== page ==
relationships

I spent a fortune to be in my friend's wedding. Do I still have to buy the couple a gift? 4 experts weigh in

Twenty/20

At age 31, I'm perhaps blessed that I've only been asked to be in two weddings. Not because I don't think weddings are fun (they are!) but because the cost associated with being in a bridal party is cripplingly high.

By the time the actual nuptials roll around, I've run a marathon of festivities — an engagement party, bridal shower, bachelorette party — many of which require a gift. On the day of the wedding, I feel like I've already paid a small fortune to celebrate my friend, so does the happy couple really need me to purchase them an air fryer?

Not including a gift, bridesmaids spend, on average, more than $1,600 being in a wedding, according to 2024 data from The Knot. Then, you're supposed to shell out another $100. To me, this feels like robbery.

To see if I was being totally unreasonable, I talked to etiquette and financial experts. Here's what they had to say.

Tori Dunlap, founder of Her First 100k

"Striking a balance between what you can afford and the general expectations for being in the bridal party is key.

If you're already spending a considerable amount on these activities, it's absolutely OK to scale back on the wedding gift. In fact, many couples understand the financial commitment that comes with being in the bridal party and don't expect an extravagant gift on top of everything else.

My advice is to communicate openly with the couple. Let them know that you're thrilled to be part of their special day and explain your situation honestly. Often, a simple conversation is all it takes. A heartfelt note, a small but meaningful gift, or even just your presence can be just as valuable."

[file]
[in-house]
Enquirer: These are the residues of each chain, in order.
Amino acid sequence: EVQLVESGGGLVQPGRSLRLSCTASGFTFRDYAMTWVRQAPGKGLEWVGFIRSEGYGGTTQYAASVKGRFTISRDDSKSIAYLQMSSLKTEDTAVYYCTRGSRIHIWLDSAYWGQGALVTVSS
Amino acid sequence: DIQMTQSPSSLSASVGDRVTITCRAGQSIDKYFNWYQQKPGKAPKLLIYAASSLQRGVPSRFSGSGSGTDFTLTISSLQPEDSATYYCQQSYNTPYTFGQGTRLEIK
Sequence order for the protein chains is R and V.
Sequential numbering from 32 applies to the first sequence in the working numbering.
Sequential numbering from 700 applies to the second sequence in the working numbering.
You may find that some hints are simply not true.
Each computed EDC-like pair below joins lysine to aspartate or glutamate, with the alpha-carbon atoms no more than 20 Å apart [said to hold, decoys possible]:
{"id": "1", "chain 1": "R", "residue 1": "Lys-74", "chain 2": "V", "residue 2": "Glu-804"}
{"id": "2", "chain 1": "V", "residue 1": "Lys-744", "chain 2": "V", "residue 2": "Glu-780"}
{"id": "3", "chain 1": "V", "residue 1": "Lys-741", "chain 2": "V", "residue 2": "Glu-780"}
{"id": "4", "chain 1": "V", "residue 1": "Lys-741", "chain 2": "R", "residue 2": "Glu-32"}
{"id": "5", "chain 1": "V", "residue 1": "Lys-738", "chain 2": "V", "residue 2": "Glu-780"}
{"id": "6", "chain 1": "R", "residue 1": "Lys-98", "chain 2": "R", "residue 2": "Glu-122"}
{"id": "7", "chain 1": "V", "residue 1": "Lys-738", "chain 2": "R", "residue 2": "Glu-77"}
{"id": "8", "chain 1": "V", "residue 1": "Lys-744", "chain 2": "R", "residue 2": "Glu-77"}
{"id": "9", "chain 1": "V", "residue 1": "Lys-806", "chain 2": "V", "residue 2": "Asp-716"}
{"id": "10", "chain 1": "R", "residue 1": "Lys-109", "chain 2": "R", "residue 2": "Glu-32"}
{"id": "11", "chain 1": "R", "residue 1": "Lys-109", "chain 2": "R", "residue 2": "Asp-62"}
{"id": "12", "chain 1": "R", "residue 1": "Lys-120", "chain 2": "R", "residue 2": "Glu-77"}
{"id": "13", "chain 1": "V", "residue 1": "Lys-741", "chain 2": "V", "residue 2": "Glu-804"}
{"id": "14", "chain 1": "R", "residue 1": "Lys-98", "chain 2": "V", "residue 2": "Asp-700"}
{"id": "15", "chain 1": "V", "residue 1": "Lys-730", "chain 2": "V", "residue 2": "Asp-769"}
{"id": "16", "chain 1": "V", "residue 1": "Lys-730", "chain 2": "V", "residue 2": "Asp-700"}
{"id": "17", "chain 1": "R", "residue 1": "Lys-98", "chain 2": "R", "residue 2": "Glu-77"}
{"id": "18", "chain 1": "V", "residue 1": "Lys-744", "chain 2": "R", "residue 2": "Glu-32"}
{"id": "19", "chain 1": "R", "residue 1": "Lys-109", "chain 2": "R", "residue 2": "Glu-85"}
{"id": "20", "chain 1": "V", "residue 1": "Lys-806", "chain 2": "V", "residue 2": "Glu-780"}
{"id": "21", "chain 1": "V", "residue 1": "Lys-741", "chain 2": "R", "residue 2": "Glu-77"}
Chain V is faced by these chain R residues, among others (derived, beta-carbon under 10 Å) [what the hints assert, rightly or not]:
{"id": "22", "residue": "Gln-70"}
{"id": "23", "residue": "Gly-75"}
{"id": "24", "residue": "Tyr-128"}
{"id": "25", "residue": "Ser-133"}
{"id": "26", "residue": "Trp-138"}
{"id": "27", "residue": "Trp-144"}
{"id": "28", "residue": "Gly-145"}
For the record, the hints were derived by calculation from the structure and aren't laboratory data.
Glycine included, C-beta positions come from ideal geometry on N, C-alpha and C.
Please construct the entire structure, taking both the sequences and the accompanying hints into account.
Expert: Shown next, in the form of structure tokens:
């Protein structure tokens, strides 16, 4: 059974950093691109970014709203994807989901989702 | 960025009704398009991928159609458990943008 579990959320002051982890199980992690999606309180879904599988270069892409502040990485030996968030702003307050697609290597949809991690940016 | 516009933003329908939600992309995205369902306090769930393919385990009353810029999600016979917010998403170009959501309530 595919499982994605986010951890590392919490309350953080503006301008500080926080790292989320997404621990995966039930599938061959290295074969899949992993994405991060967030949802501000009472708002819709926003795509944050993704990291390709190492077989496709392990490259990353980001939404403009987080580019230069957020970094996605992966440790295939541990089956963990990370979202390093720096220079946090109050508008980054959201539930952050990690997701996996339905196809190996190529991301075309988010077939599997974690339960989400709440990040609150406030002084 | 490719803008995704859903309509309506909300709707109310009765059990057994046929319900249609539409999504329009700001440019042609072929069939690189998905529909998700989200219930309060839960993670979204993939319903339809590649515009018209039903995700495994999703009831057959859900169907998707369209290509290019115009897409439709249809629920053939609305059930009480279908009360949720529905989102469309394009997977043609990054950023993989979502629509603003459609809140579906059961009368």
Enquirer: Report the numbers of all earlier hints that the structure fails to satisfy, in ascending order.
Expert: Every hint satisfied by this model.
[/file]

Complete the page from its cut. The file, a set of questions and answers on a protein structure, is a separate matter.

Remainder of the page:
Allison Cullman, vice president of brand strategy at Zola

"It is customary for members of the wedding party to give a gift, but it doesn't have to be of large monetary value. It is a gesture of love. 

Consider what options are available to you. Maybe the couple has a cash registry and you can donate a small amount. You could opt for something small from their wedding registry or you can also create a personalized token of your love.

You could offer to do something for the couple before or on their wedding day, like corralling all your friends for a photo. One of my bridesmaids did that for me and it was very much appreciated.

Anything that demonstrates that you are by someone's side is more meaningful than a check."

Jen Glantz, founder of Bridesmaids for Hire

"When you're in a bridal party, before day one of the role you should set a budget and stick to it. That should include all the pre-wedding events and that budget shouldn't be what anyone else tells you.

There is no expectation that you have to bring a gift. I think you feel pressure to do that but there is no expectation to do that. 

When it comes to why we give gifts, one reason is that we want to celebrate these people as they enter a new phase in their life.

You can write them a hand-written note. The purpose of going to a wedding and giving a gift is to celebrate."

Hannah Nowack, senior editor at The Knot

"It's customary for wedding party members to give the couple a gift. However, you ultimately need to decide on what to gift based on what fits your budget and how close you are to the couple.

Since you'll be investing a lot of time and money into pre-wedding festivities it's OK to use your best judgment about how much you feel comfortable gifting.

One great idea is to join up with some other bridesmaids to give a group gift. This is a nice option whether or not you're on a tight budget. Maybe there is a big gift, like an espresso machine or a honeymoon couple's massage, that you want to gift to the couple but know that doing so alone would be outside your budget."

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